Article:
In short order, a list of amendments was introduced into the State Duma, the lower house of the Russian parliament. It went through all three mandatory hearings with such a speed that left all those opposed to it stunned. It took exactly one month for State Duma to approve it, and about a week more to be approved by several committees of the upper house of Parliament. The only final step is required for this legislation to pass is official approval by the Russian president Vladimir Putin. Due to this unprecedented speed, the last chance for Russian gun owners to fight this legislation is to flood the Presidential administration with letters requiring a more reasonable approach to the legislation which otherwise would severely damage the Russian gun market, if not kill it outright within several short years.


It is interesting to note that legislation No. 1079629-7 was originally introduced by a group of anti-gun legislators well before the tragic events in Kazan, in December of 2020. It laid dormant for about a half of a year before it was dusted off and severely expanded in its restrictive measures, following the shooting described above.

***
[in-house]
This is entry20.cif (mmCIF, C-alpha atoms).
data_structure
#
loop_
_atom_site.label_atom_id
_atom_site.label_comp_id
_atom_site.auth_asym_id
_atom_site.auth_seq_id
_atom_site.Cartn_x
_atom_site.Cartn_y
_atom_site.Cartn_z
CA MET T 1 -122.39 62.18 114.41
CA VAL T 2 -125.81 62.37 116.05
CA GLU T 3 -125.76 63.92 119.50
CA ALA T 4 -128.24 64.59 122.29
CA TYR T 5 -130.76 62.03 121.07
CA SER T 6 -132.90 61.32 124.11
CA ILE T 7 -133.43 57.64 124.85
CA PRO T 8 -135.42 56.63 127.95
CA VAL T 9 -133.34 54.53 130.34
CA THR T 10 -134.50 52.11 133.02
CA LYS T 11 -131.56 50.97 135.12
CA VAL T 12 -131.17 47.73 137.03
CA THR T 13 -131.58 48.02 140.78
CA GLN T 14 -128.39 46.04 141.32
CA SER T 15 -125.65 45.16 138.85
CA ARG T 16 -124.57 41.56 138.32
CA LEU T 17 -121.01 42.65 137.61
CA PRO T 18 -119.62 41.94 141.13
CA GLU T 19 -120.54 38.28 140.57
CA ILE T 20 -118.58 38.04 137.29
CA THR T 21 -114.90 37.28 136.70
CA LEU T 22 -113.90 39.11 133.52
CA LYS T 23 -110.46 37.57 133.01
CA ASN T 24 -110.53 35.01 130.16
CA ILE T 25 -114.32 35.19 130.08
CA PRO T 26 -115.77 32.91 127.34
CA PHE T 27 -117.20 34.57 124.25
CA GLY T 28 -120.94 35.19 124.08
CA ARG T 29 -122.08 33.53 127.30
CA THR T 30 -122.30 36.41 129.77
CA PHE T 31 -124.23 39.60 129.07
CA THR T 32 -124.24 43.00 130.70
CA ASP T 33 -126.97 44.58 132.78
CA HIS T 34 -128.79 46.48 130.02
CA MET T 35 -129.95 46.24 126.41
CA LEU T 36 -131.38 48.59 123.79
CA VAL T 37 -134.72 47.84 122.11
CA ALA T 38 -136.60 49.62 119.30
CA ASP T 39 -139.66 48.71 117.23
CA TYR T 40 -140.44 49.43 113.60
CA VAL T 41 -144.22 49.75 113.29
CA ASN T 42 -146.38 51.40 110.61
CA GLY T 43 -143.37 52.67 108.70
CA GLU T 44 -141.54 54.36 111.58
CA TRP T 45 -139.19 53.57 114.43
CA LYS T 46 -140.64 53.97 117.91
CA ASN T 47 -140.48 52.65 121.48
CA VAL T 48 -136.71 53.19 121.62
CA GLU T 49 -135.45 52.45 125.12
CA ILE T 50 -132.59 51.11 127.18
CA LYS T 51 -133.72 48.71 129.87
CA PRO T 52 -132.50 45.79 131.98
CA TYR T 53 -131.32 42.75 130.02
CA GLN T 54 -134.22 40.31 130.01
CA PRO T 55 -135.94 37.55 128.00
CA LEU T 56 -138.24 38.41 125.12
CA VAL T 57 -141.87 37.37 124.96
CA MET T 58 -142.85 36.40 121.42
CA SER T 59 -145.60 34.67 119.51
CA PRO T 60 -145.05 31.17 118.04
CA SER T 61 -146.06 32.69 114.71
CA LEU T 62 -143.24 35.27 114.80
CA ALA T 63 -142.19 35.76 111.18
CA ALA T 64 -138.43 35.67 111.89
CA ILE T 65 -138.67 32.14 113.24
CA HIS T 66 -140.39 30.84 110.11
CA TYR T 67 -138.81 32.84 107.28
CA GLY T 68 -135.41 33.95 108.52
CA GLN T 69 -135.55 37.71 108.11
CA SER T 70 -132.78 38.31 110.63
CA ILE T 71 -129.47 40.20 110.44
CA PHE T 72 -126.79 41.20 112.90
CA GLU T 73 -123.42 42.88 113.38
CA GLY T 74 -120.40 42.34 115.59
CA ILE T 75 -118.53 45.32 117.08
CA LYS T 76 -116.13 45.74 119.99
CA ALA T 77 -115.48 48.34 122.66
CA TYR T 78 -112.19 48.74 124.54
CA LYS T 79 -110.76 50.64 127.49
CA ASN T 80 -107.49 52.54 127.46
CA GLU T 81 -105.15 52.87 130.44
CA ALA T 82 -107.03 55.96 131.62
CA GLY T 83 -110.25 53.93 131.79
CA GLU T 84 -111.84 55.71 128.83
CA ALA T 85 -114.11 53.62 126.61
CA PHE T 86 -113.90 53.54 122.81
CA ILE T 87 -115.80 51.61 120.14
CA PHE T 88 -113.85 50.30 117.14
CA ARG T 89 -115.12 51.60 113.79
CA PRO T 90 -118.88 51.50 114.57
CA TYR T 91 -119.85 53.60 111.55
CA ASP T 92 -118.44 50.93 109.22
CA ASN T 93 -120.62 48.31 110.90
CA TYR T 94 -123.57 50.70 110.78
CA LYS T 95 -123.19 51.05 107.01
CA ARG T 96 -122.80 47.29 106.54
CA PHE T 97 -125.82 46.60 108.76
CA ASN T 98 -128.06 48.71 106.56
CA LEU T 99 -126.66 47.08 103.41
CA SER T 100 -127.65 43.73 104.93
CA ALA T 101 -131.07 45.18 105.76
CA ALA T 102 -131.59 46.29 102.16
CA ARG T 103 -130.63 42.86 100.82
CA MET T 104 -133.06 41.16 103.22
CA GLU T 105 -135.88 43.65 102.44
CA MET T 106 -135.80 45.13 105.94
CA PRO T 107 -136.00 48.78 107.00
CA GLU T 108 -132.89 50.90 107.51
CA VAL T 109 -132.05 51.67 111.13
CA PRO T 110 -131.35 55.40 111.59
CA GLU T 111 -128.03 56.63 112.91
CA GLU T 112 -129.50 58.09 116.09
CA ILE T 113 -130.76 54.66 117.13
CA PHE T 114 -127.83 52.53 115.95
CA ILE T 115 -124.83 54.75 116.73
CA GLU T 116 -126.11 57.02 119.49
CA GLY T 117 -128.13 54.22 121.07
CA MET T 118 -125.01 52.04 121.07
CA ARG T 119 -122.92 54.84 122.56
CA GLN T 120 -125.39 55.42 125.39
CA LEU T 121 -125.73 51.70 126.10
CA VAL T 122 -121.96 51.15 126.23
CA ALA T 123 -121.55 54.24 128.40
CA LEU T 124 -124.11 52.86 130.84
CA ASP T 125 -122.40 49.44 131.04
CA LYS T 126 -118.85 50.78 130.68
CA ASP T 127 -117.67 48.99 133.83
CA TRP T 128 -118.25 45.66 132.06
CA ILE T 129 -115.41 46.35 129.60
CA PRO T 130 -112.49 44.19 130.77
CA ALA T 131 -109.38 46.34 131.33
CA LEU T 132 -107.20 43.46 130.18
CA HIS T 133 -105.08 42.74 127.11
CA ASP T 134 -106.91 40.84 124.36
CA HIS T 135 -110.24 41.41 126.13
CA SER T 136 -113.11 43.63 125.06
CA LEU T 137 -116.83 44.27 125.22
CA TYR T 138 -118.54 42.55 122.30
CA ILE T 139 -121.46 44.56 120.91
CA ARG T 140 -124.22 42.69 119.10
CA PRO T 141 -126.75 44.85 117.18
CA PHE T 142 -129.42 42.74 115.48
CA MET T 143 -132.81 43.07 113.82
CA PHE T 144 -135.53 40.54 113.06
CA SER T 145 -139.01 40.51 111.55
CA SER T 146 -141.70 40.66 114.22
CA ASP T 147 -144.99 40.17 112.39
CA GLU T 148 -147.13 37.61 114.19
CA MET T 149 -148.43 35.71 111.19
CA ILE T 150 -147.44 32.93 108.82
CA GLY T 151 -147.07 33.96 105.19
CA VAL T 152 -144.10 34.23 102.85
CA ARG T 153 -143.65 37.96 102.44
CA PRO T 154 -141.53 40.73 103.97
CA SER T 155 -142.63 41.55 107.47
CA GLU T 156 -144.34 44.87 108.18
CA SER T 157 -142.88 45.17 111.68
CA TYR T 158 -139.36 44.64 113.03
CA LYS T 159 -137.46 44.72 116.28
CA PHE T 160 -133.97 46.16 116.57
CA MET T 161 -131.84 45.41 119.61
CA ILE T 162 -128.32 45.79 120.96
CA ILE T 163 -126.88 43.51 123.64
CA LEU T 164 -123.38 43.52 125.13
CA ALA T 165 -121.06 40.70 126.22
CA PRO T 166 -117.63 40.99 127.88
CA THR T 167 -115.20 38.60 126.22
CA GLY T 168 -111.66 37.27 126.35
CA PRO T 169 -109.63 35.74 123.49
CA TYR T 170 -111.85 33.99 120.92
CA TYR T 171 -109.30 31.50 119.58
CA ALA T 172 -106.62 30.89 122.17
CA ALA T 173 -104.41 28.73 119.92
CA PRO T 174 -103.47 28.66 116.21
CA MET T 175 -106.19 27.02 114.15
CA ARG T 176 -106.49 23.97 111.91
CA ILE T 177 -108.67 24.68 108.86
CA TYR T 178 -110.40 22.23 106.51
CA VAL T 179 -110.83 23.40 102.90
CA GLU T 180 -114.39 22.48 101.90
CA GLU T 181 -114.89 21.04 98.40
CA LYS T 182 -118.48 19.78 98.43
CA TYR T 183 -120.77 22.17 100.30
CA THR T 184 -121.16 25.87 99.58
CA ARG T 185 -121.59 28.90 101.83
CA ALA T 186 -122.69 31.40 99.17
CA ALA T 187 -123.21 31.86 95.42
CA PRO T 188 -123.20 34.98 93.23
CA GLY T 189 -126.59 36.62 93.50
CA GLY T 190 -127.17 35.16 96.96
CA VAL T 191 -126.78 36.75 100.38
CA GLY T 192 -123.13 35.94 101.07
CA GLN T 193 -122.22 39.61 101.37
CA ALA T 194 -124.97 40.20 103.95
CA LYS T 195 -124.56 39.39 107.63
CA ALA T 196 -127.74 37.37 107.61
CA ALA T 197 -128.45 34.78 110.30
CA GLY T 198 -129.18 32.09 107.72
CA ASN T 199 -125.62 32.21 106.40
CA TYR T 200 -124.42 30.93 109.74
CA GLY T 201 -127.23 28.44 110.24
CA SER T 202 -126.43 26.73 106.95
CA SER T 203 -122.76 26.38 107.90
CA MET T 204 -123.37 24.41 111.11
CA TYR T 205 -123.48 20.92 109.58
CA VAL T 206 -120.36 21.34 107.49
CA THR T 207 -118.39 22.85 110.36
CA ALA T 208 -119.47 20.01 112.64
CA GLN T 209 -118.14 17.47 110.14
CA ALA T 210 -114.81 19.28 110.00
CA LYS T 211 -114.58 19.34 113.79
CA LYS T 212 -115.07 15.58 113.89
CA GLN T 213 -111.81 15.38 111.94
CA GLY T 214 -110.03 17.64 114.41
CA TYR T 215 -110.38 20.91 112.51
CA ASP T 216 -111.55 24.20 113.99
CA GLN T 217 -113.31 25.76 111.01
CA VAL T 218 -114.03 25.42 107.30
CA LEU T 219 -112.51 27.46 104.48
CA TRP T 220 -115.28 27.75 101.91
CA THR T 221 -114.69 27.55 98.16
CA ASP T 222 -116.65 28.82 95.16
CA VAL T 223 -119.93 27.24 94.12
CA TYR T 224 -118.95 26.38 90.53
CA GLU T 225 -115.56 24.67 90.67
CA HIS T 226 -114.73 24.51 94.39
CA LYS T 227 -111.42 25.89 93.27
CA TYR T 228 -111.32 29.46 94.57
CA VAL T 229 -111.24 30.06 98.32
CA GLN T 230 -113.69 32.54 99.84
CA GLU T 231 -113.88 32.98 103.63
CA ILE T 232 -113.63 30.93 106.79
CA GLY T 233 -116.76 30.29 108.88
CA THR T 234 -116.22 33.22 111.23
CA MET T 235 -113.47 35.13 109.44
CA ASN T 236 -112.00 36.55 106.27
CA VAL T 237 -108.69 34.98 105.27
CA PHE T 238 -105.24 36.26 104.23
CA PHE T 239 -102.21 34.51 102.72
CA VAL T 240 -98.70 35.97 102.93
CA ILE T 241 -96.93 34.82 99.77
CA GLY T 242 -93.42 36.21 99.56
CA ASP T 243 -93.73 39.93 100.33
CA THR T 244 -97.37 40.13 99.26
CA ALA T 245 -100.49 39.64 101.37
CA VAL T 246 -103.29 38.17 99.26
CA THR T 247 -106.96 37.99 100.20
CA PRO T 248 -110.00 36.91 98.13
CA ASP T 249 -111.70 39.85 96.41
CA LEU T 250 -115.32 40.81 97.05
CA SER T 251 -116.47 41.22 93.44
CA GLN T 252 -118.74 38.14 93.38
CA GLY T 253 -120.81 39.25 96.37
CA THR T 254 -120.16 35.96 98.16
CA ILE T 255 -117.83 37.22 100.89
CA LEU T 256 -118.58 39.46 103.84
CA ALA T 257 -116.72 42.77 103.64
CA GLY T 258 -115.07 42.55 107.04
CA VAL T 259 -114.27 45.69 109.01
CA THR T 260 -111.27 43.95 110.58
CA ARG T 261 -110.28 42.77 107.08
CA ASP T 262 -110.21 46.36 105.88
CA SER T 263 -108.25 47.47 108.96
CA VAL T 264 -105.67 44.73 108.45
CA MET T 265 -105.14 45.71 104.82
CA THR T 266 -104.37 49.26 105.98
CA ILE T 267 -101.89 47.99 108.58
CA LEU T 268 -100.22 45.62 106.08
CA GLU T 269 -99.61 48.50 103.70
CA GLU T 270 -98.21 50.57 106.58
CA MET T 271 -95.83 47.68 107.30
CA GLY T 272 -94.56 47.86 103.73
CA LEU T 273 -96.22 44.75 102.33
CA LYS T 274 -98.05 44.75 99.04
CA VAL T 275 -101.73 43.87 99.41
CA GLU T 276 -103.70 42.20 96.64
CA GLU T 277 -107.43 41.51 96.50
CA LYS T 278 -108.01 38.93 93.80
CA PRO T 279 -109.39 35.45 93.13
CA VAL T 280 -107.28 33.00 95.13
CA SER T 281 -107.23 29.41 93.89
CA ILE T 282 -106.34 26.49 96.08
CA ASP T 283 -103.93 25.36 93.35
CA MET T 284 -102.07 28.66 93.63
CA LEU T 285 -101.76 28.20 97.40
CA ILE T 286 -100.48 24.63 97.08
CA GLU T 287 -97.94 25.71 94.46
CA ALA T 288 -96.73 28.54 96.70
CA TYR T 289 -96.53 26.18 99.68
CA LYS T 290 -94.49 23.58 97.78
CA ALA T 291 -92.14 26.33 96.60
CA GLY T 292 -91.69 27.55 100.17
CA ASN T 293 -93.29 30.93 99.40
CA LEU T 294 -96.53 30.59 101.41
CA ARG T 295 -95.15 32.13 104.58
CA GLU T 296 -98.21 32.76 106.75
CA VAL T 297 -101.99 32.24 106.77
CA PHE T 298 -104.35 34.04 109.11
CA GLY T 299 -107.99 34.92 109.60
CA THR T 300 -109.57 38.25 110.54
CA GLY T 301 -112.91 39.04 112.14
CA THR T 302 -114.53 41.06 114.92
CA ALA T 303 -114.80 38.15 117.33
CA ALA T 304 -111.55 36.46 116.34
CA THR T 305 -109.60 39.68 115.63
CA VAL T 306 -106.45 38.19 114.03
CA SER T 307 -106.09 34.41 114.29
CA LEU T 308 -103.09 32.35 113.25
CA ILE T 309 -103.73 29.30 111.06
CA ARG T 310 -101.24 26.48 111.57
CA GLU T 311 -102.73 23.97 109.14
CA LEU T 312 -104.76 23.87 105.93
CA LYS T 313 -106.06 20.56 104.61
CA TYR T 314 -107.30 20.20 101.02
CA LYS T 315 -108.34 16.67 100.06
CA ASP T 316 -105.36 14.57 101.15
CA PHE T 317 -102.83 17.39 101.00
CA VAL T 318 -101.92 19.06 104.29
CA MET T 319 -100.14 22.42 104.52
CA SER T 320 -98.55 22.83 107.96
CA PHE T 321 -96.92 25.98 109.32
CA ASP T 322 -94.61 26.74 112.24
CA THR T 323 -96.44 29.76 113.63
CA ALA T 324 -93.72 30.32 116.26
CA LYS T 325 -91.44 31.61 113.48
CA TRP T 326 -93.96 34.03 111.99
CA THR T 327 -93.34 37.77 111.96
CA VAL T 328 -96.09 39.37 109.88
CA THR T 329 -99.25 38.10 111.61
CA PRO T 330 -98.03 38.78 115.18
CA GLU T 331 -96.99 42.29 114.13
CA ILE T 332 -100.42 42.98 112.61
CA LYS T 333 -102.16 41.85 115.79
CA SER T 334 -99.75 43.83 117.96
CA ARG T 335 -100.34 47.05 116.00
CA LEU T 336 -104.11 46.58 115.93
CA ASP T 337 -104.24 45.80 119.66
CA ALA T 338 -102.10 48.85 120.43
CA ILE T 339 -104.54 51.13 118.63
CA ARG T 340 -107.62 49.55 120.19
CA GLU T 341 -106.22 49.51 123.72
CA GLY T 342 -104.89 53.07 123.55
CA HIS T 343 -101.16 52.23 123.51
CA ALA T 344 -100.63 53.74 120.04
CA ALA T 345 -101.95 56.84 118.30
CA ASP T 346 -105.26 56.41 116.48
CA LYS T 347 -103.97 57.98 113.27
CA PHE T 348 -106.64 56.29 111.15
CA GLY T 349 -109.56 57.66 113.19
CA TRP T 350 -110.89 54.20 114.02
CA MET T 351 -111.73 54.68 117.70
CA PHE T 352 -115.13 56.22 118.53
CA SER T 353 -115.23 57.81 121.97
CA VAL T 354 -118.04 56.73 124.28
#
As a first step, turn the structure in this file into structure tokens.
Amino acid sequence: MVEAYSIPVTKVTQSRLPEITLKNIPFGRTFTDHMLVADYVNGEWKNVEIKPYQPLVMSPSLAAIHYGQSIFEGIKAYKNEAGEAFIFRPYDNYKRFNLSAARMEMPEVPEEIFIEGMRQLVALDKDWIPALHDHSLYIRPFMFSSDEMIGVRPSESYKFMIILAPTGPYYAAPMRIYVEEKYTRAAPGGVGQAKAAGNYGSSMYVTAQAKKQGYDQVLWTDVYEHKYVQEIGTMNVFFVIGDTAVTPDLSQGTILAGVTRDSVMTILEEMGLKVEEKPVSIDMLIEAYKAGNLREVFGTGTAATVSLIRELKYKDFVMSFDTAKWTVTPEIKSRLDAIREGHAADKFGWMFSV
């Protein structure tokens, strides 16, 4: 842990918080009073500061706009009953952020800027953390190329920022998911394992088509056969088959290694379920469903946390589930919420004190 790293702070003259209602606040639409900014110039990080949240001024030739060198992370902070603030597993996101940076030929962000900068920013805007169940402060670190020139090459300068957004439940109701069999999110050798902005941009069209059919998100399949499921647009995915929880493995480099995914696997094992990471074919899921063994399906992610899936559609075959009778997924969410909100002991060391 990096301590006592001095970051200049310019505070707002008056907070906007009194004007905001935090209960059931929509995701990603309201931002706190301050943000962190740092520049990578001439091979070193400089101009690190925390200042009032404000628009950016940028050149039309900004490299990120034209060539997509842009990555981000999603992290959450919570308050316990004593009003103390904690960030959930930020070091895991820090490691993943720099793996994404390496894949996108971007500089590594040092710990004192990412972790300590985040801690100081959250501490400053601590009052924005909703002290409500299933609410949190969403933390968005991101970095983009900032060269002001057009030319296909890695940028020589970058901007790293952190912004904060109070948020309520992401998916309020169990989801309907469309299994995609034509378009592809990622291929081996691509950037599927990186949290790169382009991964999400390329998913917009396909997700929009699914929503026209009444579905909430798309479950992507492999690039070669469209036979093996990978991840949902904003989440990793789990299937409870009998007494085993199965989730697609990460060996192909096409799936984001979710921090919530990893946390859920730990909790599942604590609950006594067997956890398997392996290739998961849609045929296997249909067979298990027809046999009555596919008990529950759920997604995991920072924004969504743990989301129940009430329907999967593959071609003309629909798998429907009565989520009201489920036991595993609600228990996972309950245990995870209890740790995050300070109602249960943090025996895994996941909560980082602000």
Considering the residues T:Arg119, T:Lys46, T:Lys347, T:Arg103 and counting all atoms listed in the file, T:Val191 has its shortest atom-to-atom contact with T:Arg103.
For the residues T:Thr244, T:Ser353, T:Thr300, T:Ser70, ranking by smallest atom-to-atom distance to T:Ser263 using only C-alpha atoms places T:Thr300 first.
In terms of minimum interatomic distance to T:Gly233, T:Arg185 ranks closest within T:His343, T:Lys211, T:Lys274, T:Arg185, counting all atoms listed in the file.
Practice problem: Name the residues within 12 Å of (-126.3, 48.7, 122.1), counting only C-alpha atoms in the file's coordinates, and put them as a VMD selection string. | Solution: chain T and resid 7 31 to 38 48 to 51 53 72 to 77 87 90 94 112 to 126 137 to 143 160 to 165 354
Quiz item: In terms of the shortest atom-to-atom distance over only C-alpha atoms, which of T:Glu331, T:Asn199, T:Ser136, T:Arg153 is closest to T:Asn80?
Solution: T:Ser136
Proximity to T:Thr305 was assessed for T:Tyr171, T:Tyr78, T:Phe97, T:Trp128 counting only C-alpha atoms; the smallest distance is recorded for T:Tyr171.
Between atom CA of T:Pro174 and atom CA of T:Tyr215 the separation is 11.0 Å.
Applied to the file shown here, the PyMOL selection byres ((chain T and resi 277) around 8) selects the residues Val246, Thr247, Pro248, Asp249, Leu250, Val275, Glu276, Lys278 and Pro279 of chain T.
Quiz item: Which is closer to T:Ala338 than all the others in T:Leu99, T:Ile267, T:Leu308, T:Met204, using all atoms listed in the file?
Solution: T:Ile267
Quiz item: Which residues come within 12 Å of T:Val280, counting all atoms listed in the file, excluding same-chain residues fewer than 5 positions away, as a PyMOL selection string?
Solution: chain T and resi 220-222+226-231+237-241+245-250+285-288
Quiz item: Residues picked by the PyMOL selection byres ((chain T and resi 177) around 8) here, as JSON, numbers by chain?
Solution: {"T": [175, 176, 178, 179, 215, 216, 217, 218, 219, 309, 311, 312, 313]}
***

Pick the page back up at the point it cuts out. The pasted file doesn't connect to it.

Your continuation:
Now lest look closely at this set of “common sense” gun law amendments Russian gun owners are going to face, if this legislation is signed into law.

I won’t go into many details and list only major attacks on our gun rights, which are included in this proposed law.

  1. The minimum legal age for applying for a firearms purchase permit is increased from 18 to 21 years
  2. This is a real gem of legislative logic: the first gun or guns bought on such license can hold no more than 2 shots in one or two barrels; one can’t buy any magazine-fed shotgun (pump-action or semi-automatic) during the first two years of gun ownership and is limited only to grandpa-style single or double guns.